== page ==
• SHB
    Apr 2, 2013 - 5:02AM

    I agree with you


  • SHB
    Apr 2, 2013 - 5:04AM

    Yes we have to stand on our feet


  • SHB
    Apr 2, 2013 - 5:10AM

    How long this writer has been residing in USA.
    He should visit Pakistan more often to see the life of common man, how they are living their life. Hopefully it will help him. I do it myself. It helps me to understand better. Media always give the negative news because that is their business.


  • Mika
    Apr 2, 2013 - 5:37AM

    According to pundits Pakistan is a failed state since beginning. Luckily reality is different from academic bubble. Pakistan although not perfect it is still better than most places.


  • Seema
    Apr 2, 2013 - 5:56AM

    God help West Virginia University if this is there level of doctorate scholarship!


  • gp65
    Apr 2, 2013 - 6:07AM

    @sabi: I hope that what you hope for comes true.


  • Nadir
    Apr 2, 2013 - 6:48AM

    @cautious: Agreeing to decolonization in Asia and Africa was one of the price the British paid for the US agreeing to enter the war against the Nazi’s. So in a way the US did have something to do with the creation of Pakistan.


  • Falcon
    Apr 2, 2013 - 6:49AM

    I don’t disagree with you, but you have put forth your judgement of the article without providing your rationale behind it?


  • Alex
    Apr 2, 2013 - 7:04AM

    So finally it is not the fault of Pakistanis but that of British and US for your current miserable state. Now after you have already blamed others for your state, why do you expect the readers to then understand what you said in the last sentence?? You have already said that Pakistan could not a secular state because of westerners!! May be you should first understand that the fault lies in….


  • waqar khan
    Apr 2, 2013 - 8:17AM

    Another Hussain Haqqani in the making. Sir please keep pursuing your higher studies and keep bluffing the US by your insightful articles. See you after elections.


  • Ahmad
    Apr 2, 2013 - 8:48AM

    ahem ahem….there are tiny parts of Pakistan which are certainly failing. FATA and some areas of karachi do not constitute the entire Pakistan.

    7 years ago I left Pakistan because I thought it was failing. When I came back, I expected that Pakistan had failed and my decision to leave it was the right one. The only problem was, that when I came back I could hardly recognize Islamabad,Pindi, Peshawar and Lahore. New roads, fly overs, underpasses, food chains, malls, cinemas etc did not look like a failing Pakistan. It’s as if Pakistan is bent upon proving everyone wrong.


  • noni
    Apr 2, 2013 - 8:58AM

    Irrespective of history and future prediction, the most important notion and question in this article is “the right and rationale of nation-state”, and most of you commentators would agree that Pakistan is lacking the one. I hope that we will survive but not at the cost of lives of million innocent and the financial and social misery of those survived.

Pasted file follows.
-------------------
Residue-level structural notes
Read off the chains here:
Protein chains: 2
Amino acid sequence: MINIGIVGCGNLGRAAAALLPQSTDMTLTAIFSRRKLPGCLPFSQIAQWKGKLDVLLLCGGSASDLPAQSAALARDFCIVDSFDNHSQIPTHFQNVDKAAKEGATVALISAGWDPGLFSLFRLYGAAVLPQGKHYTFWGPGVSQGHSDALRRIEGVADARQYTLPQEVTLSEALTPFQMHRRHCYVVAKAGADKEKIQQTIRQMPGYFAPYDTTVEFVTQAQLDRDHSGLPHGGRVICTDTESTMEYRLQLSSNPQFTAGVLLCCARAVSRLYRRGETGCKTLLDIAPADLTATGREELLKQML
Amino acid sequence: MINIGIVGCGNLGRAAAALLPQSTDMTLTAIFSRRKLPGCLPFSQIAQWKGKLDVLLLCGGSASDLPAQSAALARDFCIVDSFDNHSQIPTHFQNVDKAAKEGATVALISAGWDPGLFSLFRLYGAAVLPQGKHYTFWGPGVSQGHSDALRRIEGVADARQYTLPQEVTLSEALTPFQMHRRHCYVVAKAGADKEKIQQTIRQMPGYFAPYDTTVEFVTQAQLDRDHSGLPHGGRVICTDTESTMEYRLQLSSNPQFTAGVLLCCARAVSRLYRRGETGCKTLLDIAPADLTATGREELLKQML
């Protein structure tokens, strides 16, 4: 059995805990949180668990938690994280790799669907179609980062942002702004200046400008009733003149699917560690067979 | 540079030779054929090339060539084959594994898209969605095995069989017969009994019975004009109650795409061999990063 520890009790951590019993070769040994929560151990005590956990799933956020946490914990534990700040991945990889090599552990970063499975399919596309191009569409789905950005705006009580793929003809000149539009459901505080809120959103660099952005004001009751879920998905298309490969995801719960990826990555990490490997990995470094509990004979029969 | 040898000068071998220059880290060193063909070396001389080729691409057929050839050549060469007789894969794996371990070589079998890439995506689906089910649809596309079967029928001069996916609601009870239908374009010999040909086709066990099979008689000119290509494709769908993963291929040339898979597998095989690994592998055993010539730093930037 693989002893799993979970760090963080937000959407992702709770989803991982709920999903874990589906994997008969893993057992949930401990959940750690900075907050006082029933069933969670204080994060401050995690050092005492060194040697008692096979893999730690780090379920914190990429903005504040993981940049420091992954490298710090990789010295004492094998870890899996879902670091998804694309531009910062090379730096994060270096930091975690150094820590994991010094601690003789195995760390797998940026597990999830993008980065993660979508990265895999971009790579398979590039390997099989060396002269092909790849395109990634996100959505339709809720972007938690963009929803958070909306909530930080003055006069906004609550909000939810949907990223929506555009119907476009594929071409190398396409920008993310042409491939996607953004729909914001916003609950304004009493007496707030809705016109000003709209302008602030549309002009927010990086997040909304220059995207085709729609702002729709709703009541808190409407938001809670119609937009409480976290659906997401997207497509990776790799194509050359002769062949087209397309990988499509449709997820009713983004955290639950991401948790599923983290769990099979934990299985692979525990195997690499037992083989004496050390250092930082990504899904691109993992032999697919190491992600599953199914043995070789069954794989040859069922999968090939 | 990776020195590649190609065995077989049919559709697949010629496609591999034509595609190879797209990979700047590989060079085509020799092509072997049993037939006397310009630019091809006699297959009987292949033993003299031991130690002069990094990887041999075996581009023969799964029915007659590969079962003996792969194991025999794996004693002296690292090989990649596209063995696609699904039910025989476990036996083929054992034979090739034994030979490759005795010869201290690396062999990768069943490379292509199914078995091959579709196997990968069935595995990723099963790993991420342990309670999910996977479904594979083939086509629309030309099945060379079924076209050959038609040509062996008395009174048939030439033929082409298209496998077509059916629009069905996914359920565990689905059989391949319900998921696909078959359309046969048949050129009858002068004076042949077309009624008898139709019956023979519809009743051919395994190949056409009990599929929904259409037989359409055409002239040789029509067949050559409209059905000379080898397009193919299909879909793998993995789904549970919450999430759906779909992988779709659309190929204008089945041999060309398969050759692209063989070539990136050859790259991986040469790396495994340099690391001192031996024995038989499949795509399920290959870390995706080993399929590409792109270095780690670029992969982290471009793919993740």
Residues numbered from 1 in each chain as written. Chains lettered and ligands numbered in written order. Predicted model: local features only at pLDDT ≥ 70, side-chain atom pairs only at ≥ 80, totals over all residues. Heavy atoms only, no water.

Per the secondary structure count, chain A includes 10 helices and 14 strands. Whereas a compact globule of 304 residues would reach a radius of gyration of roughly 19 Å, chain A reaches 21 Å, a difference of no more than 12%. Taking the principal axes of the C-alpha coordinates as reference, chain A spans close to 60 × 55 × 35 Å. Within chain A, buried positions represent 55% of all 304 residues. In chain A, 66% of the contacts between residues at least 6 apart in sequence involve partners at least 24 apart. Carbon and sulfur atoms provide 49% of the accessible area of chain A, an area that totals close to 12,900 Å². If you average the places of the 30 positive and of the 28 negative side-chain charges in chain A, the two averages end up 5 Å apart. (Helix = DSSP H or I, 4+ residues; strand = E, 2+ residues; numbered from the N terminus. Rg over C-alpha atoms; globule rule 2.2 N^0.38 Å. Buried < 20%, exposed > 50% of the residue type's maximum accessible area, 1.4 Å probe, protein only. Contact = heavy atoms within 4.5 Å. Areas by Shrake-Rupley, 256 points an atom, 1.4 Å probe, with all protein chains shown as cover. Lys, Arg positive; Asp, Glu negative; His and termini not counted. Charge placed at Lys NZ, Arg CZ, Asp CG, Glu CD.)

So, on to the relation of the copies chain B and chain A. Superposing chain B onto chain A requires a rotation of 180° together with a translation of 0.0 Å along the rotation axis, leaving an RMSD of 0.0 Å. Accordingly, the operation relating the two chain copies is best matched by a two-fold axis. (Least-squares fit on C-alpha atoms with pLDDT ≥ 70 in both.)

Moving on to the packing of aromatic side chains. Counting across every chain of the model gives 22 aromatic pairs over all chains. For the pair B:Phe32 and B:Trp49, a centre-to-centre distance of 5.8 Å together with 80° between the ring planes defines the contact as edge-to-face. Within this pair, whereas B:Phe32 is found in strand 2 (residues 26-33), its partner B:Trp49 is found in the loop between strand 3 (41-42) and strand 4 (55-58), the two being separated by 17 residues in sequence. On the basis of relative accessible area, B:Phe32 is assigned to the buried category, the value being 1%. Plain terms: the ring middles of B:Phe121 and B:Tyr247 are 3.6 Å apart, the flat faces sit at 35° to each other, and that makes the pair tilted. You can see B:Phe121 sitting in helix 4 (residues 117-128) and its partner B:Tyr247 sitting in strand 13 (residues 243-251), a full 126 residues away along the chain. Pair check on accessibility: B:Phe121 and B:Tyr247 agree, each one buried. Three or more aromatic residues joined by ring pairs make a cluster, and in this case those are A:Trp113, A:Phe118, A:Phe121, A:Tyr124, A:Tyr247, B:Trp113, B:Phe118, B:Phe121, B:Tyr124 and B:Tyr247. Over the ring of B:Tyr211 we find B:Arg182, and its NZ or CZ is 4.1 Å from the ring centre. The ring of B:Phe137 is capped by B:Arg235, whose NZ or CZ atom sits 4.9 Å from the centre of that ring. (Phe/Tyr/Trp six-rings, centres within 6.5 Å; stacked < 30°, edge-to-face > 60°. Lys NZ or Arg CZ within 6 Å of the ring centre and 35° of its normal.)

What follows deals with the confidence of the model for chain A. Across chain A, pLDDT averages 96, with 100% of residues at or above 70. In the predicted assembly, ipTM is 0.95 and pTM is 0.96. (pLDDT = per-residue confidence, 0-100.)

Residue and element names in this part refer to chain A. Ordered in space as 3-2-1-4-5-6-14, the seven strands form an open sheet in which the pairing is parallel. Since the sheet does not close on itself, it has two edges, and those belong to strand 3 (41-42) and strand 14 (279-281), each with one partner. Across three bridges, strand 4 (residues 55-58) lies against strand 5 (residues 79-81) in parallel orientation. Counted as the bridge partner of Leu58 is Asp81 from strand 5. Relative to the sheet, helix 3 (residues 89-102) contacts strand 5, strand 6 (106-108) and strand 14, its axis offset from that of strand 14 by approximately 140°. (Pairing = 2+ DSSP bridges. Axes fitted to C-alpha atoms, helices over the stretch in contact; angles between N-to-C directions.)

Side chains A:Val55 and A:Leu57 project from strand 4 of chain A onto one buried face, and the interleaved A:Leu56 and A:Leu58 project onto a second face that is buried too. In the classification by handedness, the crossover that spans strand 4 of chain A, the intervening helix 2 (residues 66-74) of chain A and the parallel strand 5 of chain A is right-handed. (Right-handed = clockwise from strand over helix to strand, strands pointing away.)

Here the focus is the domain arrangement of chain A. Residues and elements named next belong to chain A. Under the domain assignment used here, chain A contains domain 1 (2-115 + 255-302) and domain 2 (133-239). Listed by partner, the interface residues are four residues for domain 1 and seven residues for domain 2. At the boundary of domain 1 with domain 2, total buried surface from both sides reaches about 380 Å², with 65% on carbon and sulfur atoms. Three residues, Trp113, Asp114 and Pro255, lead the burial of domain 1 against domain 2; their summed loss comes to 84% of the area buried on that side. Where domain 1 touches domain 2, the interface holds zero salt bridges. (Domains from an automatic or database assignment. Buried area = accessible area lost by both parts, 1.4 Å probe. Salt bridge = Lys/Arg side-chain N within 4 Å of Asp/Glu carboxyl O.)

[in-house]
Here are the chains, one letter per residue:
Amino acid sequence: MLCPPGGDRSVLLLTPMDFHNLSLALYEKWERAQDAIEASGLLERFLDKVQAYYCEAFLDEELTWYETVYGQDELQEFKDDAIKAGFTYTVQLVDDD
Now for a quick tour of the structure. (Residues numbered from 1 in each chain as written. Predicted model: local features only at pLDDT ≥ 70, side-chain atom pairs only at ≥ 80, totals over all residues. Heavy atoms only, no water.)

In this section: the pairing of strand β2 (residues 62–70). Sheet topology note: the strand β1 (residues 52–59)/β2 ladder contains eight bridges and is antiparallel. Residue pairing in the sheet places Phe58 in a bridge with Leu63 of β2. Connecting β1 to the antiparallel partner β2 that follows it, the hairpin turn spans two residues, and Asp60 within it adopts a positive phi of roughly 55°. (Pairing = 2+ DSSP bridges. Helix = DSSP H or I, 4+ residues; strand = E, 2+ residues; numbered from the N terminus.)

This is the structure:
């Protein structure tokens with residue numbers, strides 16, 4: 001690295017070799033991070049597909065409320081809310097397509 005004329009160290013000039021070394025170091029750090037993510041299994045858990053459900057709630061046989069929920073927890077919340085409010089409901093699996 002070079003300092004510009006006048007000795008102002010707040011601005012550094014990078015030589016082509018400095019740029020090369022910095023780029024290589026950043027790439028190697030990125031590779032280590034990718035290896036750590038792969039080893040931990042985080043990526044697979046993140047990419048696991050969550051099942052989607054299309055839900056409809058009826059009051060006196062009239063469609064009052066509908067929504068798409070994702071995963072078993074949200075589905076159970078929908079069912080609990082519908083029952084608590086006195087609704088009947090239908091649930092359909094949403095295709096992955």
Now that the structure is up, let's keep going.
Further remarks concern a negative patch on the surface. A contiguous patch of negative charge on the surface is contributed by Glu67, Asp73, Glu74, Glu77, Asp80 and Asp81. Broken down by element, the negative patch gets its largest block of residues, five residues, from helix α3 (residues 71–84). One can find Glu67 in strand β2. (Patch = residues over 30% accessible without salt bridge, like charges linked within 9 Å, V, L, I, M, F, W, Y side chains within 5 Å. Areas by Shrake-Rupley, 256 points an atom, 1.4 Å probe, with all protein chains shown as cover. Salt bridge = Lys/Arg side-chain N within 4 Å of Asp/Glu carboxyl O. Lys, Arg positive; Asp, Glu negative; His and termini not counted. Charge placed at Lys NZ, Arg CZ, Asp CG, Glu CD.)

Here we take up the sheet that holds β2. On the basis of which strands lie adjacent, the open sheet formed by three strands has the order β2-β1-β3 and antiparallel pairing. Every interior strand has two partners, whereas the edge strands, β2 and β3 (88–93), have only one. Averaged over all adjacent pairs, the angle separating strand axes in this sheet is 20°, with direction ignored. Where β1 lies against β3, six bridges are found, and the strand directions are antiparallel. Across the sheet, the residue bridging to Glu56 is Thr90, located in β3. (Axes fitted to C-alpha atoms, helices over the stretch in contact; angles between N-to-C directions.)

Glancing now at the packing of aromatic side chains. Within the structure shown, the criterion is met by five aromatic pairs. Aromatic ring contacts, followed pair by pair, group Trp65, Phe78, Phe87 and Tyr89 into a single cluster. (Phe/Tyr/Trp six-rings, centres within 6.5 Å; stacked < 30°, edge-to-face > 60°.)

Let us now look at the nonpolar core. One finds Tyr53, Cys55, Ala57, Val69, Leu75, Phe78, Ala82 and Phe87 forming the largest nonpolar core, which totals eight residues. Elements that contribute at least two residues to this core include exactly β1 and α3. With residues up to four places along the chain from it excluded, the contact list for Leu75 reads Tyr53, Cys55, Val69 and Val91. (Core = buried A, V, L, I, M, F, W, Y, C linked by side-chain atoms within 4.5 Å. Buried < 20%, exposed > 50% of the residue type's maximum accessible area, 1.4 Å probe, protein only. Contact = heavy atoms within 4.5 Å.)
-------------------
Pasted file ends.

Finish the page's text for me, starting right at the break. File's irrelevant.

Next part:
• usman
    Apr 2, 2013 - 9:14AM

    This article and “who can contest elections?” should be read together for more comprehensive view of the picture.


  • Mirza
    Apr 2, 2013 - 9:19AM

    Sir I hear your point clearly. I have done a lot of study (not that others have not) and the US was in favor of the formation of Pakistan and from the beginning has supported us. Soon after Pakistan came into being the US has taken Pakistan under its defense umbrella and the agreements of SEATO and CENTO were signed. Almost all of our arms have been US made.
    The more recent is 1985 when Senator Pressler Amendment Passed, Requiring Yearly Certification by the US president that Pakistan Does Not Have Nuclear Weapons. Because of the Afghan war or other reasons the CIA, State Dept and the US president kept giving false reports to the US congress that Pakistan’s nuclear weapons program is not active. That process continued even during father Bush’s term.
    Thanks and regards,


  • wonderer
    Apr 2, 2013 - 10:23AM

    This is a timely, clear headed and well reasoned article which has come not even a day too soon. We have to keep our gairat aside and think, and think hard for our own good. There is very little light at the end of the tunnel.

    There are many relevant factors covered in this piece, but there are many others ones which relate to our distant past history and our mental makeup. Those interested should listen to a frank and informative talk show on this link:


  • Khan
    Apr 2, 2013 - 10:36AM

    Again not sure if ET is going to publish my comments or not.

    Don’t know why this new fashion is so hot in the biased media that everybody tries to make a conclusion that next morning Pakistan will collapse. Now coming to your point of extremism and blah blah…

    Dear Mr.Khan in the nuclear history only one enlightened, moderate country has used the atomic bomb that this US itself. You know what I think some time that in couple of years guys like you will say that the person/pilot who dropped the nuclear bomb in Japan had his roots from Pakistan.

    And by the way do you have any time to analyze the threats and statements on air from North Korea, I mean you are saying that Pakistan is not unacceptable but NK nuclear state is because that is a non Muslim extremist state. irony knows no bounds


  • Sadia
    Apr 2, 2013 - 10:58AM


  • satinder
    Apr 2, 2013 - 11:42AM

    what is islamic values ?
    is it practical in todays time ?
    There are 55 Islamic Nations any one of them is a Role Model ?


  • observer
    Apr 2, 2013 - 12:01PM


    7 years ago I left Pakistan because I thought it was failing.
    The only problem was, that when I came back I could hardly recognize Islamabad,Pindi, Peshawar and Lahore.

    You left when Pakistan was ‘failing under a military regime’. And you came back to see it ‘prospering under a civilian dispensation’.

    And, Sir, this is the most heartening aspect. A civilian/ political dispensation has to be more pro-people any day. Let us hope we will have civilians only ruling the country in the future.